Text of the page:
In the Transplantation Center, communication + data + commitment = zero


At a recent celebration to mark over a year without a serious safety event were Transplantation Center team members (l-r): Susan Carter, RN; Kelly Flynn, RN; Kelly Grimshaw, RN, service line educator; Andrea Wurrell, RN; Tami Chomicz, RN; Sharon Klein, RN; Francine LoRusso, RN, vice president, Patient Services, Heart and Vascular and Transplantation; Keith Churchwell, MD, senior vice president, Operations and executive director, Heart and Vascular and Transplantation centers; and April Capone, manager, Center for Living Organ Donors.

On June 28, staff with the Yale New Haven Hospital Transplantation Center celebrated over 365 days without a serious safety event. But it took a prior safety event to ramp up the high reliability efforts that got them to zero.

"Staff members really took that safety event to heart," said Tami Chomicz, RN, patient service manager, WP 9. "They stepped up fall-prevention efforts, safety huddles and hourly rounding. They made a complete investment in the tools that we know work."

Improving communication has been key to preventing safety events, but it's a challenge in the Transplantation Center, which includes a 36-room inpatient unit and an outpatient clinic that sees about 100 patients a day. To help bridge communication gaps, the Transplantation Center holds a morning safety report, during which staff discuss concerns from inpatient and outpatient areas, along with safety issues that arise in other hospital departments.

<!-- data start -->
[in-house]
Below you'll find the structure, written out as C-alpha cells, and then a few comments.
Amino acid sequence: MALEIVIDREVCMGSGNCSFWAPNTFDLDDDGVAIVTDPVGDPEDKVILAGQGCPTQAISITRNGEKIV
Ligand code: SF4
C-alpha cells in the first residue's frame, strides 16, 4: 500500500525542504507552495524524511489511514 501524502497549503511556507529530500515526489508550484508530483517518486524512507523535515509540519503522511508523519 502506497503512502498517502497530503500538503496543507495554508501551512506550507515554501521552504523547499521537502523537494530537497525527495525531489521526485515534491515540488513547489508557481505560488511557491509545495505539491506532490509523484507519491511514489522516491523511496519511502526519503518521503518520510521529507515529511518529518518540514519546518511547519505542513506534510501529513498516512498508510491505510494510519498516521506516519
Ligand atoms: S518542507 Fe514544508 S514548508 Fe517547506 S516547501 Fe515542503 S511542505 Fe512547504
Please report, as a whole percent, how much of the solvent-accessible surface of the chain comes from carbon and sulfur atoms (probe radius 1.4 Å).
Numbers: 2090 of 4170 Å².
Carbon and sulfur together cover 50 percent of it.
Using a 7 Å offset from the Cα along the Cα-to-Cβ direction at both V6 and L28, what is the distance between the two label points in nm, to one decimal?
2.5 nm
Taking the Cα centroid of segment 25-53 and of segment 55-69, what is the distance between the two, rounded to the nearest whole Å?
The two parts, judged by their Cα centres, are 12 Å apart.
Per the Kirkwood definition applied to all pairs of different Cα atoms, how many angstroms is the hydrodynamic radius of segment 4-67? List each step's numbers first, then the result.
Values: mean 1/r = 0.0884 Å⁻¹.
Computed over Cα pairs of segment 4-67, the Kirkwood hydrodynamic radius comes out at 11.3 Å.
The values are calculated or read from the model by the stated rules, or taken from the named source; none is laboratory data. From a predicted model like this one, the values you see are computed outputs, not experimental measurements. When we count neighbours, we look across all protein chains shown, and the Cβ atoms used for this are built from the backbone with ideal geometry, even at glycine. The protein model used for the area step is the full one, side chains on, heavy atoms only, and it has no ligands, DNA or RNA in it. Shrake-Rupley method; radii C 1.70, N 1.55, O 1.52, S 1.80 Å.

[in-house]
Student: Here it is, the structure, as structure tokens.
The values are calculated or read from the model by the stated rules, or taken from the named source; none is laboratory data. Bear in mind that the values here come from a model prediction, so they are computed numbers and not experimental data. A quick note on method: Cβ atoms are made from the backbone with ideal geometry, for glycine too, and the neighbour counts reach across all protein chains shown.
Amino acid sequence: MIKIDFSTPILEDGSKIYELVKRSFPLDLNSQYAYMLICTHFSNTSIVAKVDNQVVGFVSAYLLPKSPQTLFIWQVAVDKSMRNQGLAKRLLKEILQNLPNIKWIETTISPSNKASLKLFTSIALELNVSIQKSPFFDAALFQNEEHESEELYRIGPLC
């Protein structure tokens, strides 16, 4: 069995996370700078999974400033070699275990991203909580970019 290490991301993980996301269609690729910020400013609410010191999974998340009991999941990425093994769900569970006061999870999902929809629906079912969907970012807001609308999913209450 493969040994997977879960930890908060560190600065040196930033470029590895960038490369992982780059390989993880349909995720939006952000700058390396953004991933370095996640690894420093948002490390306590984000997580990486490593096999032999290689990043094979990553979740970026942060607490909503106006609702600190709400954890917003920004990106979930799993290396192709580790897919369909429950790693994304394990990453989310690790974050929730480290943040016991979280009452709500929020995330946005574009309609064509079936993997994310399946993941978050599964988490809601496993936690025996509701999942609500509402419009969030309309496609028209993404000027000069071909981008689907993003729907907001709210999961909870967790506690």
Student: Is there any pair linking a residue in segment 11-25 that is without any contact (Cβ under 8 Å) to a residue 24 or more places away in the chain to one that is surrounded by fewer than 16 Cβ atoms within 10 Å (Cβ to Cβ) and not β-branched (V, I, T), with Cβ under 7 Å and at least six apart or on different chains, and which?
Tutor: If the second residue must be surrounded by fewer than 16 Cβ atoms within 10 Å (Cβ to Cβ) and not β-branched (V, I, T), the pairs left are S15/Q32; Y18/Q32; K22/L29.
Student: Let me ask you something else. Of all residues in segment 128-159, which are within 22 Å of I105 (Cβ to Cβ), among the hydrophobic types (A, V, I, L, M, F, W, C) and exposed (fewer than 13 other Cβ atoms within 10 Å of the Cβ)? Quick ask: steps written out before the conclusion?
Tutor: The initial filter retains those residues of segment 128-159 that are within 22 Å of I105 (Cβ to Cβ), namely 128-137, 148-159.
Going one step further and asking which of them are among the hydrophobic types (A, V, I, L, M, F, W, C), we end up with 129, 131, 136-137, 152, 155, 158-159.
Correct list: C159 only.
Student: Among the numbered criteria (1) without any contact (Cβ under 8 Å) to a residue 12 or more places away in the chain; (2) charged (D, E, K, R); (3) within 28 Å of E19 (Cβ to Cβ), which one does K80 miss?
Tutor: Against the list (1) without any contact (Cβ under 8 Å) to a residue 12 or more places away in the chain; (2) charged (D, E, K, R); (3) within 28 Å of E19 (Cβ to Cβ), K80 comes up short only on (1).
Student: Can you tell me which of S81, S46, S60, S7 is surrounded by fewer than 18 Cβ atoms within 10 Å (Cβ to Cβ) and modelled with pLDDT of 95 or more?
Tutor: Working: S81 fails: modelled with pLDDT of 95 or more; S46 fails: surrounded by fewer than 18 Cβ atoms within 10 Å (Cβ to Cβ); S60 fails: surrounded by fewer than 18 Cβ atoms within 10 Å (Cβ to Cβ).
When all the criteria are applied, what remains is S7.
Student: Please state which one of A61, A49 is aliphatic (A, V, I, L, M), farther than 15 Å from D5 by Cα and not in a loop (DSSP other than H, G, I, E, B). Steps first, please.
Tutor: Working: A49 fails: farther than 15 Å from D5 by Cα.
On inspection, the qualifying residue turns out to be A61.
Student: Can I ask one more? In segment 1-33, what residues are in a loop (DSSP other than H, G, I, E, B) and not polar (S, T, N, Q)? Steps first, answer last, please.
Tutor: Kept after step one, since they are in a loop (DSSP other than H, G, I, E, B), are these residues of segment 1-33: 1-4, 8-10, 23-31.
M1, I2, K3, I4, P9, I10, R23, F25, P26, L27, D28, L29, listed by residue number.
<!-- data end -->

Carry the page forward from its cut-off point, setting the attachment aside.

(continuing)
"The inpatient and outpatient areas may have slightly different challenges, but our common goal is great patient care," said Sharon Klein, RN, clinical program director, Transplantation Center. Open sharing within inpatient and outpatient safety huddles has also helped. Staff candidly discuss safety events and near misses, and safety coaches in both areas use safety stories to demonstrate CHAMP behaviors.

"We behave like a high reliability organization," said Andrea Murrell, RN, assistant patient service manager and safety coach, WP 9. "There's no punitive action against the people involved in events and near misses. We view the stories as opportunities to learn."

Detailed data about safety events and near misses have also helped drive improvements, said Susan Carter, RN, transplant quality and patient safety coordinator. Staff and physicians have been trained to enter safety events and near misses into the RL Solutions event reporting system. The system can reveal trends – for example, falls occurring around the same time during the morning – that prompt study and lead to preventive measures.

Staff from hospital-wide safety steering committees, such as the fall-prevention team, also access RL Solutions data, and have been quick to offer assistance, Klein said.

"There's a whole hospital working to keep us safe," she said.